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Accessory dwelling expansion proposed

By Susan Mustapich | Jan 24, 2020
Photo by: Susan Mustapich Planning Board member Ethan Shaw speaks in favor of changes to accessory dwelling rules at the Jan. 23 meeting.

CAMDEN — The Planning Board will hold a public hearing on a proposed zoning change that expands the use of accessory dwellings.

The public hearing will be held Thursday, Feb. 6, during the Planning Board meeting. The meeting takes place at 5 p.m. in the French Conference Room on Washington Street.

Current zoning defines an accessory dwelling as a second unit within a single-family home, or in a building on the same lot as the single-family home. Zoning requires accessory dwellings to contain no more than 600 square feet of living space. The lot size requirements for accessory dwellings are lower than lot size requirements for multi-family dwellings.

Planning and Development Director Jeremy Martin brought the idea of expanding accessory dwellings to additional districts to the Select Board in September 2019. The Select Board supported development of this zoning change, which requires public approval at the polls. Martin had heard from homeowners who want to live in a smaller dwelling on their property and rent out the larger home, but who live in zones where this is not allowed.

Currently, accessory dwellings are allowed in five districts: Traditional Village, Village Extension, Highway Business, Transitional River Business District and Neighborhood Service District.

The proposed zoning change expands accessory dwellings to three additional districts,  Rural I and II, and Coastal Residential.

The proposed zoning change also removes the requirement that owners of lots with accessory dwellings live on the property.

Planning Board members agreed Jan. 23 to provide more flexibility to owners of lots with accessory dwellings. Owners would no longer have to live on the property, but instead the change requires that both dwellings are primary residences for the occupants. Primary residence is defined as "occupied by the same resident for a minimum of six consecutive months plus a day." This change came about at the suggestion of Steve Gold, who commented on the proposed ordinance at a prior meeting.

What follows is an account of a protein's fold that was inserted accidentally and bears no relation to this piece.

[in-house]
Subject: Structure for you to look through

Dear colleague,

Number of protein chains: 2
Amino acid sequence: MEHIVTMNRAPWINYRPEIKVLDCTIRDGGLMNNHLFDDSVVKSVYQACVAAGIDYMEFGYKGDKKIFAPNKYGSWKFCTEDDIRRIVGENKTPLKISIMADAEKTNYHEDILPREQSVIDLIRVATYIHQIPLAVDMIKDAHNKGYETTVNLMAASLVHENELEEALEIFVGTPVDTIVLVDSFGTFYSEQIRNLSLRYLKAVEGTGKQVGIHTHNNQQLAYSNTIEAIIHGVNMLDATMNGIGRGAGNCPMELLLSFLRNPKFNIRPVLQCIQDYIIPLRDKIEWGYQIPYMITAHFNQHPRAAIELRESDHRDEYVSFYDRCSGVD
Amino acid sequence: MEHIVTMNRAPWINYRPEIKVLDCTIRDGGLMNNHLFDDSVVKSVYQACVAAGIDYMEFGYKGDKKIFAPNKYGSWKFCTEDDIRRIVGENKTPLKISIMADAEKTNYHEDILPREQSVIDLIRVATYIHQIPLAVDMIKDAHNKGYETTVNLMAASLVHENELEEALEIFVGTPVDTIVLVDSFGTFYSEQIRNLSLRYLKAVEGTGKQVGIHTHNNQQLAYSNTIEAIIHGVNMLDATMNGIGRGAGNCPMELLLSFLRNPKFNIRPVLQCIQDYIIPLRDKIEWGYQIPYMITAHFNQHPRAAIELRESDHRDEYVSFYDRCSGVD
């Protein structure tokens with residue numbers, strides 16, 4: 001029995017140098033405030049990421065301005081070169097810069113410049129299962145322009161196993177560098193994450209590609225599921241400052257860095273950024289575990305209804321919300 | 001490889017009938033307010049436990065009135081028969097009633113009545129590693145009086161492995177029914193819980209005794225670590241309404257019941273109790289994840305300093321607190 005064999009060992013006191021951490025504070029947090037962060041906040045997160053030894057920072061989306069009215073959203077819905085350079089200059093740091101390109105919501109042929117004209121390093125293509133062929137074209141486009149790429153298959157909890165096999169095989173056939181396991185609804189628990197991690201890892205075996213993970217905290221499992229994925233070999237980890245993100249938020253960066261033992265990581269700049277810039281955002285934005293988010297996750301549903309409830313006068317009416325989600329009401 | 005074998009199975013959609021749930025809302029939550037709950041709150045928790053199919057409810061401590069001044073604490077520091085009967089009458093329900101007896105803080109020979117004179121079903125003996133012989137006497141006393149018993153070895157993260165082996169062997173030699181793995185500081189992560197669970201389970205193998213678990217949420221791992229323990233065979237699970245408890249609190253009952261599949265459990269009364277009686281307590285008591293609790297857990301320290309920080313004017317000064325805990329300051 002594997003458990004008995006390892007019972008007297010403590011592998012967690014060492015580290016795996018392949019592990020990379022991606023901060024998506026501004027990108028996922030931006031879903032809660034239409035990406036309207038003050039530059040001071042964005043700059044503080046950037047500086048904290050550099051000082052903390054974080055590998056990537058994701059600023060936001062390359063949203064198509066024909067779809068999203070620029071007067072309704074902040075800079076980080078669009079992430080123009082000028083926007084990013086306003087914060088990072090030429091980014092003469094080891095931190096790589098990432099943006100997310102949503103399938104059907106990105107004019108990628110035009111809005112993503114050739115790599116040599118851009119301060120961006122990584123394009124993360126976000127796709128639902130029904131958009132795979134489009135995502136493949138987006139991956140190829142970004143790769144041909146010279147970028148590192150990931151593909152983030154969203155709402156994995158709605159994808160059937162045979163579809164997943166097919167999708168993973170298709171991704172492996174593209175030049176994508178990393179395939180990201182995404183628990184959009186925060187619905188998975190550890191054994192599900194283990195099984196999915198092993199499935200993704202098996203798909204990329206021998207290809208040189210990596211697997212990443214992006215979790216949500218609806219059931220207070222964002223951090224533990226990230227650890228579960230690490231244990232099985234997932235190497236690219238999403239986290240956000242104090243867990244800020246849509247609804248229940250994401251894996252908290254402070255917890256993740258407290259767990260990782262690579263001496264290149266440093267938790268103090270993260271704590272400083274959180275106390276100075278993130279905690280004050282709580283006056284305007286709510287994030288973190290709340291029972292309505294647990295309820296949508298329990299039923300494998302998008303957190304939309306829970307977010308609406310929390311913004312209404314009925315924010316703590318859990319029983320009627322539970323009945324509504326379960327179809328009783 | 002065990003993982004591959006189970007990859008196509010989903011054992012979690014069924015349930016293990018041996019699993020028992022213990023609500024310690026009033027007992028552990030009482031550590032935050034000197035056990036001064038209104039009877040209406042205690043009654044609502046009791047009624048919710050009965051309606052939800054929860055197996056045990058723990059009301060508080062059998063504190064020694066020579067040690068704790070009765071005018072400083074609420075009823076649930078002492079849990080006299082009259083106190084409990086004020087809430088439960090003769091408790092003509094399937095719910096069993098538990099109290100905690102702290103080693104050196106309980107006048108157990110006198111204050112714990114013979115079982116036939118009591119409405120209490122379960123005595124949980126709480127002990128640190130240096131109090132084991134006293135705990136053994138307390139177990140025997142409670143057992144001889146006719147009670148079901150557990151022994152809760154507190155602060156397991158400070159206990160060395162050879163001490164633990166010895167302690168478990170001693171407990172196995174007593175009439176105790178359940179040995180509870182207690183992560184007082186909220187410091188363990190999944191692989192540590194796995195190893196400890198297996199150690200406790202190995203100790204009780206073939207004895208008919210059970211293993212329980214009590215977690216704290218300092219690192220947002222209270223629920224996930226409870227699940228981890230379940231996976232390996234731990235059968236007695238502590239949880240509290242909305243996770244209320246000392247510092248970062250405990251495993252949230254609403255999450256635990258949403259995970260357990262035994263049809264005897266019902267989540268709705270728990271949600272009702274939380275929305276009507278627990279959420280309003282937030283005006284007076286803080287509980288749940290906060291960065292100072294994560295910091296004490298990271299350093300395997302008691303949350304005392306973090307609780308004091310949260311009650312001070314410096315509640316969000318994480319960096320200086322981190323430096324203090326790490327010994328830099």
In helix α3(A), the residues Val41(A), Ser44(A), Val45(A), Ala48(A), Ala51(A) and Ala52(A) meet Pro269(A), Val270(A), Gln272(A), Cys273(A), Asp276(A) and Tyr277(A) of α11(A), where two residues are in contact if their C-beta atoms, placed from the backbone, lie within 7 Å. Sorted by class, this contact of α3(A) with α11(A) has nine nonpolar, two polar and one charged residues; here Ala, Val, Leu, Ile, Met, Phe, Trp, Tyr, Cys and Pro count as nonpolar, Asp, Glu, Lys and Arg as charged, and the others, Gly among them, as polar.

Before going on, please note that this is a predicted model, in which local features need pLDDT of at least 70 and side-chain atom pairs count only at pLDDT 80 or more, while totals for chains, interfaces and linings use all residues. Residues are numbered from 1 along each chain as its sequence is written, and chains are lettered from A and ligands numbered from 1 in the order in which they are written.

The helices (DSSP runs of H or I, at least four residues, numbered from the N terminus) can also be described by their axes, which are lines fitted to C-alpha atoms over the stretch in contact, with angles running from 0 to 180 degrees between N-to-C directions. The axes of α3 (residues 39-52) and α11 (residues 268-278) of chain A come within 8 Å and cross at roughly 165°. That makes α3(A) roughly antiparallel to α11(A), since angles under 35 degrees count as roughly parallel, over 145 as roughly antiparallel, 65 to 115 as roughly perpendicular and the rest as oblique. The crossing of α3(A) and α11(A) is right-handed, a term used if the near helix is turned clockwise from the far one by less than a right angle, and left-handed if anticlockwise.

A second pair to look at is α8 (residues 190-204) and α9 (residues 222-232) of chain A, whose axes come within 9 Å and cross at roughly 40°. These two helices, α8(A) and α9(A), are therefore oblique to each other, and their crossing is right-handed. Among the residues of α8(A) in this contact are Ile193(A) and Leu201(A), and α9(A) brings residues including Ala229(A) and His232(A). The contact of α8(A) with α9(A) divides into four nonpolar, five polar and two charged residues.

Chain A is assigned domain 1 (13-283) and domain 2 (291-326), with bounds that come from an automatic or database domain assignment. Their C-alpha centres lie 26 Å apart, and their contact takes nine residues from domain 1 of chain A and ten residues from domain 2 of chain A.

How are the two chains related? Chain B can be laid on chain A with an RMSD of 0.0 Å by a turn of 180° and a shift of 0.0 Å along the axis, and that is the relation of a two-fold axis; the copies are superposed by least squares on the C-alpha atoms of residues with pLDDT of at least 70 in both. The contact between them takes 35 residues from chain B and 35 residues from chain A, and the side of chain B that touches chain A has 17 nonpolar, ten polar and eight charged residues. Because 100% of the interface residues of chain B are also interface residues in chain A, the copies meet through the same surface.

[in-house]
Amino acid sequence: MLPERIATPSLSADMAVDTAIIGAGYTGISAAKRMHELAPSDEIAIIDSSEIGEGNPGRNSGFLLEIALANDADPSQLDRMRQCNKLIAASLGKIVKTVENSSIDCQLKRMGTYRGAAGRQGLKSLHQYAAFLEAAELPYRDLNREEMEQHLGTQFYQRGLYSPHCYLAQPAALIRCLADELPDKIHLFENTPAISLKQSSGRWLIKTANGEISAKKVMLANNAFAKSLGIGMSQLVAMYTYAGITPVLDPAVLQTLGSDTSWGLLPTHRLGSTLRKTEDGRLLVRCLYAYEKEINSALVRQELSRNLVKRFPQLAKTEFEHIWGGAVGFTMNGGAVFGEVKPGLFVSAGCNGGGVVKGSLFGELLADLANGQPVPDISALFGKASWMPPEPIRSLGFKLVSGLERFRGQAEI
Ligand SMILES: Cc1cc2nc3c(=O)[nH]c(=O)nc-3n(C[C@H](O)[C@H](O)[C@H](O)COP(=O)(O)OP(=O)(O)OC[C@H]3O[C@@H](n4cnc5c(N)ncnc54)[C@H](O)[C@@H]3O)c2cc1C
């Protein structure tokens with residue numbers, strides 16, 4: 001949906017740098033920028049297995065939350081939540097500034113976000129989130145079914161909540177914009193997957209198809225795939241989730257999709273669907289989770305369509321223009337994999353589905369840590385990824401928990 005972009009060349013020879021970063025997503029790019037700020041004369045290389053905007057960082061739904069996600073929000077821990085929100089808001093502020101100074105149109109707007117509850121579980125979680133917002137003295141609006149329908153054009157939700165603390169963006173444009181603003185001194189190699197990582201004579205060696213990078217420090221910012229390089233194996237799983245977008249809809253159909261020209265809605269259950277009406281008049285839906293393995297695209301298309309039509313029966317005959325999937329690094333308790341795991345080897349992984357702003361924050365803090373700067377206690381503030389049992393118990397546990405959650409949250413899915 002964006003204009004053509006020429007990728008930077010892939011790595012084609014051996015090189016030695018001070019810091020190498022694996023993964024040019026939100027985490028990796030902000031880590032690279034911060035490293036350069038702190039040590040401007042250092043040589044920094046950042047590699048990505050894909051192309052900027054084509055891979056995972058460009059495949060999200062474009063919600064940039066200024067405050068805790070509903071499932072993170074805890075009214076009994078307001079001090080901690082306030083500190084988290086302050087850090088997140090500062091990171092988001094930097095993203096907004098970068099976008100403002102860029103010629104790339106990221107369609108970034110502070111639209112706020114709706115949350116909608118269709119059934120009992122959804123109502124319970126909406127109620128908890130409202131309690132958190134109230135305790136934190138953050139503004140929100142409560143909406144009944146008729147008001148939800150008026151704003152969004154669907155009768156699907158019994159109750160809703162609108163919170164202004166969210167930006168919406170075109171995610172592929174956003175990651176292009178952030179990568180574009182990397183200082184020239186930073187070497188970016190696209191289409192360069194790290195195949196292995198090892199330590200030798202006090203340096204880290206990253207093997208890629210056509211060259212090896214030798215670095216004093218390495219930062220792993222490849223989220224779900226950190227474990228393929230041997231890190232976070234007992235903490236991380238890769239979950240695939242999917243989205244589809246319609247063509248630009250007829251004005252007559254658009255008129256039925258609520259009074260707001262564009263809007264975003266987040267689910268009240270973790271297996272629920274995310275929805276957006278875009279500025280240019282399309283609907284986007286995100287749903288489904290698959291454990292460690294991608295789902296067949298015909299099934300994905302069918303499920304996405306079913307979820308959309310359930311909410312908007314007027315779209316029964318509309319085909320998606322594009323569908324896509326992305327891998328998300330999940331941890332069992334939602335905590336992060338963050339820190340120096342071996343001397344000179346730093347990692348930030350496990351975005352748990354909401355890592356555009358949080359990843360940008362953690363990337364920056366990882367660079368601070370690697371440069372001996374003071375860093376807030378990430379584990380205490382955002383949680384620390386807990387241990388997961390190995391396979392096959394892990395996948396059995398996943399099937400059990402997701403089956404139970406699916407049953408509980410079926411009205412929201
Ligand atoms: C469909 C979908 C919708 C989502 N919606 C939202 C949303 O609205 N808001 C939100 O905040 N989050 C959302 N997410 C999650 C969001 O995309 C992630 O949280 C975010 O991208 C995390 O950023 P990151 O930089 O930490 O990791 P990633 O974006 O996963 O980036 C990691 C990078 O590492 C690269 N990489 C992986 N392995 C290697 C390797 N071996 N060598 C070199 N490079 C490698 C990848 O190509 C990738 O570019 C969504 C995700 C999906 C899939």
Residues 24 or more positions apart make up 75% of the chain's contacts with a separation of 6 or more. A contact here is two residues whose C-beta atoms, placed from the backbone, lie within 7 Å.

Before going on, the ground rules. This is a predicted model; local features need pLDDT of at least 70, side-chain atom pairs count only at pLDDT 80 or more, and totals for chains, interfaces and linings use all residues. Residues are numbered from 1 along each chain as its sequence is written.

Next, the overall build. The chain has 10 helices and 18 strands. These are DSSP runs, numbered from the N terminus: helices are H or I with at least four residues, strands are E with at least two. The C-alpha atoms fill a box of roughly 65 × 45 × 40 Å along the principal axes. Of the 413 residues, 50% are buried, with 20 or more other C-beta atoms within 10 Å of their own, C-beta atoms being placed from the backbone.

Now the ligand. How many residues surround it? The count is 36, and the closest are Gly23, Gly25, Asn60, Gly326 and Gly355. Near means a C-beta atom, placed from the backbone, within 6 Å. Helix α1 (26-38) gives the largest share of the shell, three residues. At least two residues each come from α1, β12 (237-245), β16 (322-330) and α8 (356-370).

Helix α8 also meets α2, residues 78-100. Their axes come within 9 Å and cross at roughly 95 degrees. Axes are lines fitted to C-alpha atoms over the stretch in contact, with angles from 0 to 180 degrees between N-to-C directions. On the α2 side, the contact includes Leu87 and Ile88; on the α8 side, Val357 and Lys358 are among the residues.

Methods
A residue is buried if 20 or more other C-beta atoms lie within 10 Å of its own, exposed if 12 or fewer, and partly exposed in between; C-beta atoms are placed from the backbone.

On Jan. 23, Gold raised the issue that proposed changes to accessory dwellings would prevent owners of these properties from having the opportunity to rent either dwelling short-term.

Planning Board members agreed that the expansion of accessory housing was not intended to create more opportunities for short-term rentals.

Planning Board Chairwoman Rosie Curtis said one purpose of the proposed zoning change is to promote aging in place. It could also increase the availability of year-round rental properties for those who live in Camden full-time, she said.

Board member Ethan Shaw said, "What it is really encouraging is families. It is encouraging people to move into the town and stay here and be full-time residents."

The proposal gives flexibility to owners, and does not encourage short-term rentals, he said.

Martin said the expansion of accessory dwellings around the country and on the Maine Coast is about providing housing in areas where there is a housing crunch. Accessory apartments can provide housing for small families, couples, and working professionals to live in this town, he said.

"We're not seeing residential development anywhere in the Midcoast," he said. "Housing is an issue. We desperately need housing to serve as primary residences."

Planning Board member Mark Siegenthaler said zoning to allow accessory apartments was developed to increase density in downtown areas. Martin confirmed that the proposed changes are consistent with the original purpose.

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